Low back pain (LBP)is the fifth most common reason for all physician visits. Second most common symptomatic reason (upper respiratory symptoms are the first) 50 to 80 percent of adults experience LBP LBP is the leading cause of disability and lost production in the US, with associated direct and indirect costs of $50 billion per year Despite the widespread opinion that 75-90% of patients with LBP recover within about 6 weeks, irrespective of treatment, pain may persist in up to 72%, and disability in up to 12% of patients one year after their first episode of LBP
Poor Physical Fitness and comobidity Social Class, occupation, and employment status Increasing age Obesity Dimensions of the Spinal Canal Smoking Substance Abuse History Hard physical Labor
Radicular leg pain Poor self-rated health status A positive straight leg raised test Reduced Elasticity/Flexibility of the Back Poor Coping Strategies High Levels of distress, depression, and somatization Lower activity level Anxiety
Mechanical Low Back Pain: It is defined as pain secondary to over use of a normal anatomic structure (e.g. muscle strain) of pain secondary to trauma or deformity of an anatomic structure (e.g Herniated nucleus pulposus). This typically accounts for 90% of all LBP The other 10% percent of adults typically have non-mechanical LBP. Typically the symptoms of LBP in the individuals are a manifestation of a systemic illness. The challenge of the practicing physician is to separate individuals with mechanical disorders from those with systemic illness. Usually, the patient’s symptoms and signs, along with radiographic and laboratory data designate specific disorders within these two major groups
Onset: Was there trauma or unusual period of strenous activity? Duration and Frequency: Systemic disorders cause chronic LBP that is more persistent than episodic Location and Radiation: These help identify the structures that are possible pain generators Aggravating and Alleviating factors: Characterize the mechanical Quality of the disorder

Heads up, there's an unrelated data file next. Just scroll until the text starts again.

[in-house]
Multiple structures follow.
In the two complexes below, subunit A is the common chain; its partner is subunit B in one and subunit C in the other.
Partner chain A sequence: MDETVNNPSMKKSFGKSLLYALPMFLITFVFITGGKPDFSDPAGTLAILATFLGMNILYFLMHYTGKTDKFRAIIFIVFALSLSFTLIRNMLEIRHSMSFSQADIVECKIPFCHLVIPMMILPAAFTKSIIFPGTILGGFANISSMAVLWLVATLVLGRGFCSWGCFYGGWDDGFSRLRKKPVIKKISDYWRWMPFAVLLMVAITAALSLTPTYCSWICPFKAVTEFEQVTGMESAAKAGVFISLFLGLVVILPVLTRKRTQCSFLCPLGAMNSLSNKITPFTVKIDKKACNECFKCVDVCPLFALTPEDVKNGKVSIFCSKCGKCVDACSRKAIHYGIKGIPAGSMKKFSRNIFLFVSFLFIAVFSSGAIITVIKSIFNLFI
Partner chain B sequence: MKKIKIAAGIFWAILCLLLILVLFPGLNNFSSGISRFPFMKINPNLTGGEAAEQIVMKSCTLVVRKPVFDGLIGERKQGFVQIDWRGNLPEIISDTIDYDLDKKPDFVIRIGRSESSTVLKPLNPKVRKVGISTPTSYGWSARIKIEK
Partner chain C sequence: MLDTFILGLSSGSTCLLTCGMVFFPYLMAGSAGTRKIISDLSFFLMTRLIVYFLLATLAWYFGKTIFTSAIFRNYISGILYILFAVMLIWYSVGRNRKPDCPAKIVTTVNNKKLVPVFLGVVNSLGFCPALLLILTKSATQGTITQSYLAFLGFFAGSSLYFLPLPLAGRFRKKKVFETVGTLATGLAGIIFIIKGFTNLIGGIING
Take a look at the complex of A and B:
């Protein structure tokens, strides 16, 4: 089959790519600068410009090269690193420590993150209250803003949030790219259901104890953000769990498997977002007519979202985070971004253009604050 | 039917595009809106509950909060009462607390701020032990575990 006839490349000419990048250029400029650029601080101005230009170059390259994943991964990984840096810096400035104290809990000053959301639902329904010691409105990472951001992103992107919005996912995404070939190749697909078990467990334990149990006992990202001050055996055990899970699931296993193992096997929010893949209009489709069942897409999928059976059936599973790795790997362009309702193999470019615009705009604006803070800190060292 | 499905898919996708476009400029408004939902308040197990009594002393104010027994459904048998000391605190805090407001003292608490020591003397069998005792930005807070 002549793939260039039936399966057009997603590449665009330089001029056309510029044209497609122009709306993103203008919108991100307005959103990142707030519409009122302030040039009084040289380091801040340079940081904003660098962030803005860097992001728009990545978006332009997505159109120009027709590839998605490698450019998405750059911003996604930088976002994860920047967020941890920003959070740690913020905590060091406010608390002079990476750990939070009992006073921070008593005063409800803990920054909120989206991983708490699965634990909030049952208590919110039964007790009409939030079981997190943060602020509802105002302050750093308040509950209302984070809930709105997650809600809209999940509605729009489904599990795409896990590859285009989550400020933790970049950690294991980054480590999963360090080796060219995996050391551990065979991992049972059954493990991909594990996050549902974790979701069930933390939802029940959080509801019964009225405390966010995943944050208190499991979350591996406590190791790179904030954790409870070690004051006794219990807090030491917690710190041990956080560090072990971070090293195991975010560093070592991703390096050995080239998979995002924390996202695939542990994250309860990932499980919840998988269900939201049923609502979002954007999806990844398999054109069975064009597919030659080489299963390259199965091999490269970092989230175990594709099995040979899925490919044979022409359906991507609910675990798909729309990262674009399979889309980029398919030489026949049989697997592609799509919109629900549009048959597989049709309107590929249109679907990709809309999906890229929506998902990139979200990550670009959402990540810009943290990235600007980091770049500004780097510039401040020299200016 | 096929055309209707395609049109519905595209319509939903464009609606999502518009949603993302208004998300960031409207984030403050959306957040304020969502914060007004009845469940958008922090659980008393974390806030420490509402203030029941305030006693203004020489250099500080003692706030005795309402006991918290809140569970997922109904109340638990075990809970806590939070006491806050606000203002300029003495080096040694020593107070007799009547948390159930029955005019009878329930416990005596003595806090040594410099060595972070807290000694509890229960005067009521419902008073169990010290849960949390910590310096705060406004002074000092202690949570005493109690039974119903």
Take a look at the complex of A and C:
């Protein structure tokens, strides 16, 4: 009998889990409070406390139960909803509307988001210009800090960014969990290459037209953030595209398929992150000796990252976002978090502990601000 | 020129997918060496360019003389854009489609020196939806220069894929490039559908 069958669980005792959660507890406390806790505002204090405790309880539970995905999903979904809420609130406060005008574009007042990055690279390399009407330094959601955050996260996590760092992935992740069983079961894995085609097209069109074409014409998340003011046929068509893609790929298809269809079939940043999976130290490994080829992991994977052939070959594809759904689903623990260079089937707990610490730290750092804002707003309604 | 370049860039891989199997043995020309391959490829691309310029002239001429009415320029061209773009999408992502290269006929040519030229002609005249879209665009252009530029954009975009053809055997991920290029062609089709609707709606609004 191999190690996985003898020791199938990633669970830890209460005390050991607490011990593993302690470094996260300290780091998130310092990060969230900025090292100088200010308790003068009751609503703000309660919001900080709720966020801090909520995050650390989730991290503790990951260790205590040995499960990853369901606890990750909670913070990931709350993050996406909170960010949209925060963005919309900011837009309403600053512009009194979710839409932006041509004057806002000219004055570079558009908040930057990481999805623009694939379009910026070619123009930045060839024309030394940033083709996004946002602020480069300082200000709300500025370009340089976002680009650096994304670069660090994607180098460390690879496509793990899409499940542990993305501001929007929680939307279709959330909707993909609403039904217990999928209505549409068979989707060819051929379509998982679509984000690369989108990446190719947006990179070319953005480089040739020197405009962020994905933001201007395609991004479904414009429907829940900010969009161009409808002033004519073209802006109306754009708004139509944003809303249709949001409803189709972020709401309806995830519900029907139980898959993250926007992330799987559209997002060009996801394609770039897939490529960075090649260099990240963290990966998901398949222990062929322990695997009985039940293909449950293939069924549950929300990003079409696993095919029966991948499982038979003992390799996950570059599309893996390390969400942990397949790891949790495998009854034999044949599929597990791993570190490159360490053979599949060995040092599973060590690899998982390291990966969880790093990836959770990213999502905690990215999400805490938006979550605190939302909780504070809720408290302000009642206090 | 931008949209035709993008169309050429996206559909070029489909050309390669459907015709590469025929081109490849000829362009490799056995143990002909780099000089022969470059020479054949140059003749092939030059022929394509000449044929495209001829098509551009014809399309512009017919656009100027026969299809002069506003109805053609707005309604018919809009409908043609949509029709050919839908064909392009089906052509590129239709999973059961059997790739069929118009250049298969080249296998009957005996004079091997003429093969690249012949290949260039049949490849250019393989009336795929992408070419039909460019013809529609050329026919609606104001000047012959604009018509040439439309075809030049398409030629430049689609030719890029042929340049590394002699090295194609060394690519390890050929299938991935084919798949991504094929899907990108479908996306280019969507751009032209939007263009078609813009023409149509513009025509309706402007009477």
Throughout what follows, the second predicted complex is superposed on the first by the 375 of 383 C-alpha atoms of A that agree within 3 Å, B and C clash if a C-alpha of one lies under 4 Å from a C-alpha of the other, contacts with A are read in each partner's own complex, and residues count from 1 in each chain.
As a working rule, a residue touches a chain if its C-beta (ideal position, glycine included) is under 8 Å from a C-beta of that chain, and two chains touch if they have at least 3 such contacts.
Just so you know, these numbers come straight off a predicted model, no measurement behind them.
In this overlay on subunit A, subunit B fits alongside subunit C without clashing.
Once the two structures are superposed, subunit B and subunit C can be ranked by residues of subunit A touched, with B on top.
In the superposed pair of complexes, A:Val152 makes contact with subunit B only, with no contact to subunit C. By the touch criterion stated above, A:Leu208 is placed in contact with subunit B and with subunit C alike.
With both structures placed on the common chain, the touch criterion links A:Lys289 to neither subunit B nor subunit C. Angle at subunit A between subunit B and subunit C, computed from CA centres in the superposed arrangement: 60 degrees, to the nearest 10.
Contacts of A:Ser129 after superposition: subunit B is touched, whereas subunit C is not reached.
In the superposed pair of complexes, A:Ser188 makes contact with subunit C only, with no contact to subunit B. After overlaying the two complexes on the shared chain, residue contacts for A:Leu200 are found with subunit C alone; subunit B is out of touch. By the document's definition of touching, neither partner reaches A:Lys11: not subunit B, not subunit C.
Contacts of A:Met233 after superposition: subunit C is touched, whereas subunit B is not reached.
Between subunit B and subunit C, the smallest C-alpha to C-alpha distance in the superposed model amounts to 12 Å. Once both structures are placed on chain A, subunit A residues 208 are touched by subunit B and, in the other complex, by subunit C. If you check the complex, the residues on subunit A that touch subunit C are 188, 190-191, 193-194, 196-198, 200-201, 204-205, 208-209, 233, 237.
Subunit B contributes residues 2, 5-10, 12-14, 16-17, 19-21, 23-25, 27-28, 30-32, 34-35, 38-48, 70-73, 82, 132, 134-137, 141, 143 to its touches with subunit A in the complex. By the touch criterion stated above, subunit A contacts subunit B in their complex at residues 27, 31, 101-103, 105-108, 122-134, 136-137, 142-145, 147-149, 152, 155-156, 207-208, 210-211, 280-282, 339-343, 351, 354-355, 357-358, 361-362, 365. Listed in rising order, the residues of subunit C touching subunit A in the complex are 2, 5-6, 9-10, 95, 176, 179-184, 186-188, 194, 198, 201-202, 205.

The time of the day associated with maximum degree of pain is associated with certain disorder. For example, inflammatory arthritis causes most symptoms in the morning versus mechanical disorders that are typically worse at the end of the day Quality of the pain: can help separate musculoskeletal pain (aching) from neuropathic pain (burning) The intensity of the pain is to help to document and determine improvement, but does not discriminate between mechanical and systemic disorders
Fever and Weight loss: These patients are more likely to have an infectious etiology as a cause of LBP. Nocturnal Pain and Pain with Reccumbency: Tumors of the spinal column are of prime concern in these patients. The mechanism of increased nocturnal pain with benign or malignant tumors is unknown. Increased pressure associated with increased blood flow at night has been suggested as one possible cause.
Local Vertebral Column Pain: These patients usually have fractures of the vertebral body or expansion of the bone marrow space. Some systemic processes can increase mineral loss from bone (eg osteoporosis, pagets disease) Hypertrophy or replacement of bone marrow cells with inflammatory or neoplastic cells (multiple myeloma, hemoglobinopathy). Both lead weaken the vertebral to the degree that fracture may occur spontaneously or with minimal impact
Prolonged morning stiffness: Morning stiffness lasting for more than one hour is a common symptom of spondyloarthropathy. These include ankylosing spondylitis, reactive arthritis, psoriatic arthritis, and enteropathic arthritis. Visceral Pain Disorders of the Vascular, genitourinary, and gastrointestinal systems can cause stimulation of sensory nerves that results in the perception of pain in damaged areas and superficial tissues supplied by the same segments of the spinal cord
Detailed History and PEX identifying conditions that require immediate attention For most patients, imaging and aggressive interventions should be delayed until the patient has undergone 4-6 weeks of non-operative care Patients should be reassured that LBP only rarely leads to disability Patients should be encouraged to return to normal activity and begin light aerobic exercises immediately while avoiding strenuous activities until symptoms resolve. Over-the-counter analgesics, NSAIDS, and acetaminophen are first- line medications for pain relief If symptoms have resolved or improving by 4-6 weeks, there is no need for further investigation
If symptoms progress or stabilize at an unacceptable level, clinical assessment and imaging are indicated Plain radiographs initially. MRI follows and is considered the diagnostic imaging modality of choice If there is bony pathology on plain radiographs or a history of trauma, CT scan is indicated Usually, surgical intervention is an option only for patients with identifiable pathology on imaging studies that is consistent with their clinical presentation Early surgical consideration is given to patients with neurologic deficit due to nerve root compression, incapacitating pain, or progressive neurologic deficits Evidence of cauda equina syndrome with loss of bowel or bladder control is an indication for emergent imaging and surgical decompression